“The story of Vítězslava Kaprálová’s is one of a 25-year-old girl who had a career in music of five years. However, even today, 70 years after her death, she remains an inspiration to many as a tragic but heroic figure, particularly for many female composers and conductors.”

Classical pianist Daniela Hlinkova performs Kapralova’s April Preludes

Read about Kapralova’s songs in this article by Timothy Cheek

Navzdy (Forever) Kapralova: Reevaluating Czech composer

Vitezslava Kapralova through her thirty songs

The song ‘Navzdy,’ from the group of three songs of the same name, shows many of her traits. The poet is Jan Carek (1898-1966). Like most of Kapralova’s poets, he was a living Czech writer with whom Kapralova was in communication, and he admired her settings of his poems. Kapralova made the following changes in the poem, condensing some of Carek’s words into more succinct phrases that flow and soar more easily:

A section:

Wild geese are flying south,

someone will leave and again will return,

someone will leave and will never return.

B section:

I don’t know if somewhere the sky is more beautiful than here,

but you would not count anywhere more stars

when the night is clear, clear.

A section:

Wild geese are flying south,

someone will leave and again will return,

someone will leave and will never return.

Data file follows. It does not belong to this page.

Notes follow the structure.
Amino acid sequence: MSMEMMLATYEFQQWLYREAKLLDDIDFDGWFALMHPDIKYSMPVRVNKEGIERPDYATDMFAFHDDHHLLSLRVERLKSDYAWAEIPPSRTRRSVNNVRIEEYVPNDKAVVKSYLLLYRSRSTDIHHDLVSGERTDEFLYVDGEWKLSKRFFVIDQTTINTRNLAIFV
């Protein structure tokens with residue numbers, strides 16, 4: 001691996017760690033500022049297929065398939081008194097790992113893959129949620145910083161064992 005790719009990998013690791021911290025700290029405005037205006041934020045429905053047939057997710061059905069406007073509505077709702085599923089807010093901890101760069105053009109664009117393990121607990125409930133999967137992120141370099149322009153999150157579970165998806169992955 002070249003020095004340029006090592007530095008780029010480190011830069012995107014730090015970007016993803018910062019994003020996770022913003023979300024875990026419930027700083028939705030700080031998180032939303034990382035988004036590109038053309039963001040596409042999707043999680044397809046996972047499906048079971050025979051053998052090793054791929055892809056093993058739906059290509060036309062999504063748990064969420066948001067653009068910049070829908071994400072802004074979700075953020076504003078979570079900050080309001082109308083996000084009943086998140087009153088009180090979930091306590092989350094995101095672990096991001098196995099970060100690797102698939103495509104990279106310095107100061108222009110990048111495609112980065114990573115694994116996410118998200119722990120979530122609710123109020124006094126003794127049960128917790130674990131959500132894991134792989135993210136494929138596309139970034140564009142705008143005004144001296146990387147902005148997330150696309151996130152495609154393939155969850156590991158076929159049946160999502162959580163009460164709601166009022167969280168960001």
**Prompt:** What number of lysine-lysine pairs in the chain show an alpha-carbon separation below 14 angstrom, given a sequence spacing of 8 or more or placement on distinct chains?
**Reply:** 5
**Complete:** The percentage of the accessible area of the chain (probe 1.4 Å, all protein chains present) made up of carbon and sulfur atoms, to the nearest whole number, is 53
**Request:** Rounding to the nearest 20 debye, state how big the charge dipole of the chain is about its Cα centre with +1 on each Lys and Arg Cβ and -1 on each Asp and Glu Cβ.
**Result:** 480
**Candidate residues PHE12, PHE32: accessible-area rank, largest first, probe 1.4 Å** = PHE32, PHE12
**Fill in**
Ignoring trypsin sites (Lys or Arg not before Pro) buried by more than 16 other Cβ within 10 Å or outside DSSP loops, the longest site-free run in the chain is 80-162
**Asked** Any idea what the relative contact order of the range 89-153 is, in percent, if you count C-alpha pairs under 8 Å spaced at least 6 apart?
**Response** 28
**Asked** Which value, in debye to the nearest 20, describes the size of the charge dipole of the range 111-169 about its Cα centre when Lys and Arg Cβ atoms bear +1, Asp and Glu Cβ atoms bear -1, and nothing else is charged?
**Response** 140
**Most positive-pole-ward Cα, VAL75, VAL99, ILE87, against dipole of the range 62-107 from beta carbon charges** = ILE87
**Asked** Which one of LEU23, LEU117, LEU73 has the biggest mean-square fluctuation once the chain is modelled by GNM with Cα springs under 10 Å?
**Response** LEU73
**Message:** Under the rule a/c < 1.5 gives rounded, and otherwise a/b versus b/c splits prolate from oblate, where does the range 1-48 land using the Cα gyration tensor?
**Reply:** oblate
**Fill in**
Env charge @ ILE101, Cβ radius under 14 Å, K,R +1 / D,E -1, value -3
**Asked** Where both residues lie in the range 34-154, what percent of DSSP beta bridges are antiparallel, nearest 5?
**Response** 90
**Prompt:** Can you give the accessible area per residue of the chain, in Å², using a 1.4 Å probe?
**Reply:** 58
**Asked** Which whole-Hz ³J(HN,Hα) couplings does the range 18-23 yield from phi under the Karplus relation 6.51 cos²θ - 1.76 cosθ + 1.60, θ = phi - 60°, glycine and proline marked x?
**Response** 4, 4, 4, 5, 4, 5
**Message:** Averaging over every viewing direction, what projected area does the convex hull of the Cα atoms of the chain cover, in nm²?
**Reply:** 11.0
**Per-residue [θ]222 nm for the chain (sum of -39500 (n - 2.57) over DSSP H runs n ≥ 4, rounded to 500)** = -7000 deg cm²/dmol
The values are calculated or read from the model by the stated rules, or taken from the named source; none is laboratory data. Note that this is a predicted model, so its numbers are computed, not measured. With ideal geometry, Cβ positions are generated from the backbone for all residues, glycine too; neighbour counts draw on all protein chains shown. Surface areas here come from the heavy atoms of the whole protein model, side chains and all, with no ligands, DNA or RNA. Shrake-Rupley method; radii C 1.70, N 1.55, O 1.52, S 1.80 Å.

The autobiographical content of the poem has already been mentioned–Kapralova was contemplating leaving her home for further study, and the song is about someone leaving her native land. ”

Visit the Kapralova Society website for more information about Vítězslava Kaprálová

January 25

David Grossman David Grossman (born January 25, 1954) – Israeli author, activist

Read the Authors Calendar entry for David Grossman

Read the Wikipedia article about David Grossman

January 26

Henry Jaglom (born January 26, 1938 or 1941) – U.K.-U.S. film director, playwright – Festival in Cannes (2001) henry jaglom

Read the Wikipedia article about Henry Jaglom

Read the Internet Movie Database filmography for Henry Jaglom here

January 27

Djavan Djavan (born January 27, 1949) – Brazilian singer/songwriter

Read the Wikipedia article about Djavan

Watch Djavan perform “Um Amor Puro” live

Watch the studio recording of “Palco”